The OECD likes (some of) Trump's economic plan

How will Trump fund infrastructure projects?
How will Trump fund infrastructure projects?

Donald Trump's plans for the economy have won approval from a key group of forecasters.

The president-elect's economic agenda could boost both U.S. and global growth, the Organisation for Economic Cooperation and Development said Monday in its semi-annual Economic Outlook.

But the Paris-based organization also warned that gains would be reversed if Trump continues to pursue an anti-trade agenda.

With Trump in the White House, the OECD has increased its forecast for U.S. GDP growth to 2.3% in 2017, up from the 1.9% expansion it expected before the election. The pace of growth will increase further to 3% in 2018 as infrastructure projects and tax changes kick in.

The OECD has encouraged developed countries to spend more in order to stimulate their economies. The group argues that is the best way to help the world break out of its post-financial crisis growth rut.

Trump has promised as much as $1 trillion in infrastructure improvements, while also proposing to cut corporate and personal taxes. He has not gone into details on how to finance the projects, but said the government could set up an infrastructure fund or start selling infrastructure bonds.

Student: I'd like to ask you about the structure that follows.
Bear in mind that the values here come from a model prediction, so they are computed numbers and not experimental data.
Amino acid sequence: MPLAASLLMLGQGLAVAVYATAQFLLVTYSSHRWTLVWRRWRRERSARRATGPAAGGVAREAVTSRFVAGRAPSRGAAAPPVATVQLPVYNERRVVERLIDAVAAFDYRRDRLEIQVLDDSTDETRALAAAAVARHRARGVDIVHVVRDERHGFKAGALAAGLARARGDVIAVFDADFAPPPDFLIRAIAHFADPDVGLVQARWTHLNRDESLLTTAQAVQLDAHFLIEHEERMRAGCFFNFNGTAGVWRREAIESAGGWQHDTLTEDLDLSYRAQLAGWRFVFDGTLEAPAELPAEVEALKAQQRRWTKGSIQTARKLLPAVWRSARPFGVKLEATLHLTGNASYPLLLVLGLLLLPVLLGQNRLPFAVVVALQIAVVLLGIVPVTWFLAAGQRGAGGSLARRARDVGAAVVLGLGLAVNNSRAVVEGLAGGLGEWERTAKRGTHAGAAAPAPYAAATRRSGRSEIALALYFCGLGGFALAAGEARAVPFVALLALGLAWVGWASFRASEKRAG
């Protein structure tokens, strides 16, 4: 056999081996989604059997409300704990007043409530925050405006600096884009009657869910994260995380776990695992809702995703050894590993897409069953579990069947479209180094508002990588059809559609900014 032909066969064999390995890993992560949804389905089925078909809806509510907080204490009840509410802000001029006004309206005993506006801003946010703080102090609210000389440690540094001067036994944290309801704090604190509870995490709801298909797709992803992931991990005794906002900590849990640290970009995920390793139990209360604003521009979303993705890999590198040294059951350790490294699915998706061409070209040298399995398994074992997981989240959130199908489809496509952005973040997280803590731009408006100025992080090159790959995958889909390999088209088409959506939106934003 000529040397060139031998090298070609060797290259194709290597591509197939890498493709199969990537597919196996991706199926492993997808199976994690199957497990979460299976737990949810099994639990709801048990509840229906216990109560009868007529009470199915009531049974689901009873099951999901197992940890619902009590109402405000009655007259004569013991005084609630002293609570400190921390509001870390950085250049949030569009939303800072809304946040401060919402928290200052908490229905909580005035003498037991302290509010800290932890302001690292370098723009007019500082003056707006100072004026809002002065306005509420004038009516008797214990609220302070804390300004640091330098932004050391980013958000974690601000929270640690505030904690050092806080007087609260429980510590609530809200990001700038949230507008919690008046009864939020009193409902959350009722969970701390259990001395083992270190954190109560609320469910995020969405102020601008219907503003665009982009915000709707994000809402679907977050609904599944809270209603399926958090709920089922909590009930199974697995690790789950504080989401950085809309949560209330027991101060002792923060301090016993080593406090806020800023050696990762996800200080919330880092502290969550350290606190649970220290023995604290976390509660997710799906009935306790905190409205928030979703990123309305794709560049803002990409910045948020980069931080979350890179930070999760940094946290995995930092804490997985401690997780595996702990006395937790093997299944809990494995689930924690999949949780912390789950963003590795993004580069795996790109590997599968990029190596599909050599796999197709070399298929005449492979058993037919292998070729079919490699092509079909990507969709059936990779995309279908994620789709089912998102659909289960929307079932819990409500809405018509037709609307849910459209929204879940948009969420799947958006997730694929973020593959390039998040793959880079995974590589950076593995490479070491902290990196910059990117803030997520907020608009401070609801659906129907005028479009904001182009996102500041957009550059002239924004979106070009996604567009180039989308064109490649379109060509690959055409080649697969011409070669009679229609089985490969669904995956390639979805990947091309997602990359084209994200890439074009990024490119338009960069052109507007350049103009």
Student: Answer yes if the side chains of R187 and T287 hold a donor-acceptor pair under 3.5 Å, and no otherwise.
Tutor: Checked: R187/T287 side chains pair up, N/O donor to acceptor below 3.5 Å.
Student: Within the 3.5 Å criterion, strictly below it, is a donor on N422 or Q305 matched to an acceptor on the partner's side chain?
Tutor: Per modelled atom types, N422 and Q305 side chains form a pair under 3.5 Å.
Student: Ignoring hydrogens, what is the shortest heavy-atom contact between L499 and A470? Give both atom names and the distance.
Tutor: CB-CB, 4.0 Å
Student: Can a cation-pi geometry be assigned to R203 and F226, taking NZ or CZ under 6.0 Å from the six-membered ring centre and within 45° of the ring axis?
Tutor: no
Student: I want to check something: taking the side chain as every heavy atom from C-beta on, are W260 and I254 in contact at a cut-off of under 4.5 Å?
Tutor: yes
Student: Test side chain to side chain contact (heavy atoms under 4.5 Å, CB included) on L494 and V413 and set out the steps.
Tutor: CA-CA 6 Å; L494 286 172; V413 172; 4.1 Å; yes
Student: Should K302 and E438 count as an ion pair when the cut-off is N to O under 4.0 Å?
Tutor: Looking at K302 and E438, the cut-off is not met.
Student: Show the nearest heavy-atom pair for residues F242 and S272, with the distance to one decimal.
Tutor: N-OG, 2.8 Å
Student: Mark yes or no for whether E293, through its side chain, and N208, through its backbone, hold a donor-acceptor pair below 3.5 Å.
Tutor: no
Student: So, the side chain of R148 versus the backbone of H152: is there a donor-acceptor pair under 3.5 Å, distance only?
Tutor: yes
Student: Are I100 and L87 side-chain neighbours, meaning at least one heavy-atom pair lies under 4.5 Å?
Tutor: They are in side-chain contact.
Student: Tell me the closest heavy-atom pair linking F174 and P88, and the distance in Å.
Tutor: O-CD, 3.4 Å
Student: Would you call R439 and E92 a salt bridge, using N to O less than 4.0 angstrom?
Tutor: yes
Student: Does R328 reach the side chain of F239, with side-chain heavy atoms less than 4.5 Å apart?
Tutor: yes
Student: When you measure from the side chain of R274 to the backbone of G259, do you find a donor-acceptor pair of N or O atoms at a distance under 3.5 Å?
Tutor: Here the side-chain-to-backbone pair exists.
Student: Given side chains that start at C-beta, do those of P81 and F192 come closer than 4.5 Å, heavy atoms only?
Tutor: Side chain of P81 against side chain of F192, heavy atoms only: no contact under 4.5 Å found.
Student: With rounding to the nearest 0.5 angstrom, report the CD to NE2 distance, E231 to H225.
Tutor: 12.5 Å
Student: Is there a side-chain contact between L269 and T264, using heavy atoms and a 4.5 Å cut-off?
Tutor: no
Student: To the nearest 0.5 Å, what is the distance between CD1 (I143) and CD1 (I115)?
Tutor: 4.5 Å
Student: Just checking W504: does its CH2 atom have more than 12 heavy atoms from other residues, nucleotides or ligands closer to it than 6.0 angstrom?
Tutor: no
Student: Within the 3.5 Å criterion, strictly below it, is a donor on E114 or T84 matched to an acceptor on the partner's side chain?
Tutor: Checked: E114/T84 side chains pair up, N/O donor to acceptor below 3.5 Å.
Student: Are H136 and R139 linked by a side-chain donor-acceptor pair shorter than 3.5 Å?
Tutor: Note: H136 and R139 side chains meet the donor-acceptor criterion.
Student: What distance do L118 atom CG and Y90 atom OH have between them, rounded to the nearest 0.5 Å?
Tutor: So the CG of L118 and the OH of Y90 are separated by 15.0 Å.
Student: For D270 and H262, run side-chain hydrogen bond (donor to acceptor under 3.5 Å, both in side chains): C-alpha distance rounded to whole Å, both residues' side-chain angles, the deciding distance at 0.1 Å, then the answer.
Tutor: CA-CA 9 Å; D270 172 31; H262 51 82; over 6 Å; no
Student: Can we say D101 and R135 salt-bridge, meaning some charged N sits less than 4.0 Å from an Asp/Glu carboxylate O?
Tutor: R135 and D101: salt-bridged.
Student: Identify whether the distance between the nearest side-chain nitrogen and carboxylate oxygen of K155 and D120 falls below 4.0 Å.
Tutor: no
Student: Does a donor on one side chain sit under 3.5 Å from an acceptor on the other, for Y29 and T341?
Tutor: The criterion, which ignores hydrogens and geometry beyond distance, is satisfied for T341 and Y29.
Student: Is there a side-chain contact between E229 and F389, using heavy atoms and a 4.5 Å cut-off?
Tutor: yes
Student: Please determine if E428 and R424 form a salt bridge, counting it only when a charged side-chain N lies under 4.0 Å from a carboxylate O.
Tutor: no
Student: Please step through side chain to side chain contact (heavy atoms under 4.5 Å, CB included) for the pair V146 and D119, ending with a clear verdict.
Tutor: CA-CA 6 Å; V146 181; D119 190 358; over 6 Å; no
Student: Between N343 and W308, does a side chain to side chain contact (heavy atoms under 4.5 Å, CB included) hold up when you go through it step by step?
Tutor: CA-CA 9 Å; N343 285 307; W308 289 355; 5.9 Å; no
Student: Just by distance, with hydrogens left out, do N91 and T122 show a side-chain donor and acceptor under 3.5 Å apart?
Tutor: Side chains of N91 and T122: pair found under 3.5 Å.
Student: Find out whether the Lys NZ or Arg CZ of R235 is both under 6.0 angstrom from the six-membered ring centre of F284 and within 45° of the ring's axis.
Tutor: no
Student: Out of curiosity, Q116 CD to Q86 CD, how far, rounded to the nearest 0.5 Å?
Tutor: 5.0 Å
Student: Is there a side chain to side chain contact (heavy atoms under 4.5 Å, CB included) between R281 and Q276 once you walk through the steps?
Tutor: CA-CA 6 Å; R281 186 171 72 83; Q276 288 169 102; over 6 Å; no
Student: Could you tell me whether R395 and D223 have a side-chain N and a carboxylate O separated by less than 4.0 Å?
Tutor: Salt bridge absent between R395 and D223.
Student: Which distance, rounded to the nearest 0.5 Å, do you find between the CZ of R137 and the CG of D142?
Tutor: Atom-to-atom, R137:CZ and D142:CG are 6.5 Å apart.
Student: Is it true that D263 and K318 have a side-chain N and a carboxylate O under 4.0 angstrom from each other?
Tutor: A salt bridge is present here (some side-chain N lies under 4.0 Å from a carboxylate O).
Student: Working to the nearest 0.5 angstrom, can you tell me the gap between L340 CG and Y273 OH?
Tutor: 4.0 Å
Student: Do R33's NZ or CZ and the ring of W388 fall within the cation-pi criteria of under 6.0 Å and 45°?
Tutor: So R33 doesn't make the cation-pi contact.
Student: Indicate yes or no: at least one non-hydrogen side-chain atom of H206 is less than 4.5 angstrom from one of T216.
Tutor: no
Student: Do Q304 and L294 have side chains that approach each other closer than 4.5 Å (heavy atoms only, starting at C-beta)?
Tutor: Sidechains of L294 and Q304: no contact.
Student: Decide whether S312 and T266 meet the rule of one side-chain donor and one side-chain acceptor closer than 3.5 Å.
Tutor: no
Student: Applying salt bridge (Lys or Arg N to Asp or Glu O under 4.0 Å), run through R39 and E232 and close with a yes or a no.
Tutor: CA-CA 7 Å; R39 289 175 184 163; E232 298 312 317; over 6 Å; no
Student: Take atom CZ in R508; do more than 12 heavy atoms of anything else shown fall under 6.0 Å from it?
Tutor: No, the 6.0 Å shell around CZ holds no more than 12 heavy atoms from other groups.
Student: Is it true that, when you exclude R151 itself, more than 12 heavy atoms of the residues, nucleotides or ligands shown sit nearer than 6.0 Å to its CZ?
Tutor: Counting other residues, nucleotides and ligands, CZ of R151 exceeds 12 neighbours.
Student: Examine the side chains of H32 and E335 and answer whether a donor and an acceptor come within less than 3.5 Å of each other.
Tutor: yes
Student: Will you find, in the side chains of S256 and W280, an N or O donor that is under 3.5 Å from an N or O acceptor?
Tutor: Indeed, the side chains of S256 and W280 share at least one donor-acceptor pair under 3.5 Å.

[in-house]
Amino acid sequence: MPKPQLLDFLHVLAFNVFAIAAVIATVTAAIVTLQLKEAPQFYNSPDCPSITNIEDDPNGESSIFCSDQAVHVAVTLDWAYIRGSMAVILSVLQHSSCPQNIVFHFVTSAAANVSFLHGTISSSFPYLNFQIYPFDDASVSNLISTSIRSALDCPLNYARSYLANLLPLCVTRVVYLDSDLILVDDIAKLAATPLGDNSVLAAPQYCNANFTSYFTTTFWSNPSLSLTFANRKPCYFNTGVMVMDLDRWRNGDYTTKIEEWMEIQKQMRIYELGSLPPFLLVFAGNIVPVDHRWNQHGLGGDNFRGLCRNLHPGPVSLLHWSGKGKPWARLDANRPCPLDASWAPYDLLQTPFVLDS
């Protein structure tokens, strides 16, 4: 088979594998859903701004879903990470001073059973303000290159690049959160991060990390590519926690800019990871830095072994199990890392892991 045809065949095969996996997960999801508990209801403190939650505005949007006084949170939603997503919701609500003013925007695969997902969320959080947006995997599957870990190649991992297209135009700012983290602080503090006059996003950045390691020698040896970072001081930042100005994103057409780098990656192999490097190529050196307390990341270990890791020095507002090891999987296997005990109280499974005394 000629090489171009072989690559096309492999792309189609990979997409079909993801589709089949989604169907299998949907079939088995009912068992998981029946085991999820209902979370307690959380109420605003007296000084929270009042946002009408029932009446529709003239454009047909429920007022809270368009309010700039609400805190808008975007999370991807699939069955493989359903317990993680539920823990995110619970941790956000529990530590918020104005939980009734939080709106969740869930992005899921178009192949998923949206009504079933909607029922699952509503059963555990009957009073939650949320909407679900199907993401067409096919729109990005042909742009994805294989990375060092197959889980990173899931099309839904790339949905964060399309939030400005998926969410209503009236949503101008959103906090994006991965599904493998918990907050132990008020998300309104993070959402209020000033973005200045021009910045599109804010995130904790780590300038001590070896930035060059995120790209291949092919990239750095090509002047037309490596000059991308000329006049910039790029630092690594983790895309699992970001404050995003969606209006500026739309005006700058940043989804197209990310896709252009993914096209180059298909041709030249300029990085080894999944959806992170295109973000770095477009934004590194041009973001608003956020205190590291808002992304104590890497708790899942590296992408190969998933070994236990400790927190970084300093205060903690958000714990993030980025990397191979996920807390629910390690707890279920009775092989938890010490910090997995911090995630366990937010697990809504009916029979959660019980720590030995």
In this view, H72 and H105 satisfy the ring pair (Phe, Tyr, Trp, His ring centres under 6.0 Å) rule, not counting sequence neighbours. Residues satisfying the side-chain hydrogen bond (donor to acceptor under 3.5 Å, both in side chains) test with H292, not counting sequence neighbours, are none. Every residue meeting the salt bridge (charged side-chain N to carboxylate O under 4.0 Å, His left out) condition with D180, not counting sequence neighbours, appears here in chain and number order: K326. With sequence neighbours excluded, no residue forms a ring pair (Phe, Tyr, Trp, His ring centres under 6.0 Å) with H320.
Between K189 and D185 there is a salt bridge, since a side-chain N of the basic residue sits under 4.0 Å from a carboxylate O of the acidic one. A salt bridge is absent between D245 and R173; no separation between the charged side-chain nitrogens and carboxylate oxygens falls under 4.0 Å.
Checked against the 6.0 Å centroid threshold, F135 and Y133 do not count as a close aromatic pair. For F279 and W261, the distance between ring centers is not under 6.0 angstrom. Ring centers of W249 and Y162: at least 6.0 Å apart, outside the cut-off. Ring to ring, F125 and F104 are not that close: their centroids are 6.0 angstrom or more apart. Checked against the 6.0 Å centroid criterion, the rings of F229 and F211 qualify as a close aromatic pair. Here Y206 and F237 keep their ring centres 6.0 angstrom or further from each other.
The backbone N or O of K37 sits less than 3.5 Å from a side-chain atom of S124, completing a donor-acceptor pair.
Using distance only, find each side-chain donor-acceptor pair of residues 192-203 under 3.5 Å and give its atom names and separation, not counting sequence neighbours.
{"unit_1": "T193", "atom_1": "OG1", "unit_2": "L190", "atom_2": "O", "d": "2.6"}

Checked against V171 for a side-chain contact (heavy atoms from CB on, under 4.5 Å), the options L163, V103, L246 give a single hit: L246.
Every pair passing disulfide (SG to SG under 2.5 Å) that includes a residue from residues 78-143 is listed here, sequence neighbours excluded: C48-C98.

trump rain money

The OECD expects that government spending under Trump would increase by 0.25% of GDP in 2017 and 2018. It said that in the longer term, as interest rates begin to rise, the government would have to make sure finances remain sustainable.

Related: The rich are winning the global economic recovery

The boost from Trump policies would ripple through to the rest of the world: Global growth would be around 0.1 percentage point higher in 2017 and 0.3 percentage points higher in 2018 as a result of the new administration's policies.

But the OECD warned that the positive impact of these policies would come to nothing if Trump goes ahead with his anti-trade policies.

Trump has promised to rip up major trade deals and slap huge tariffs on goods from China and Mexico. He's repeatedly blasted NAFTA -- the free trade deal between Canada, Mexico and the U.S. -- saying he will entirely renegotiate or "terminate" the agreement.

Two other huge international trade deals negotiated under President Barack Obama -- TPP and TTIP -- are in even greater danger.

"Worsening protectionism and the threat of trade retaliation could offset much of the fiscal initiatives' impact on domestic and global growth," the OECD said.

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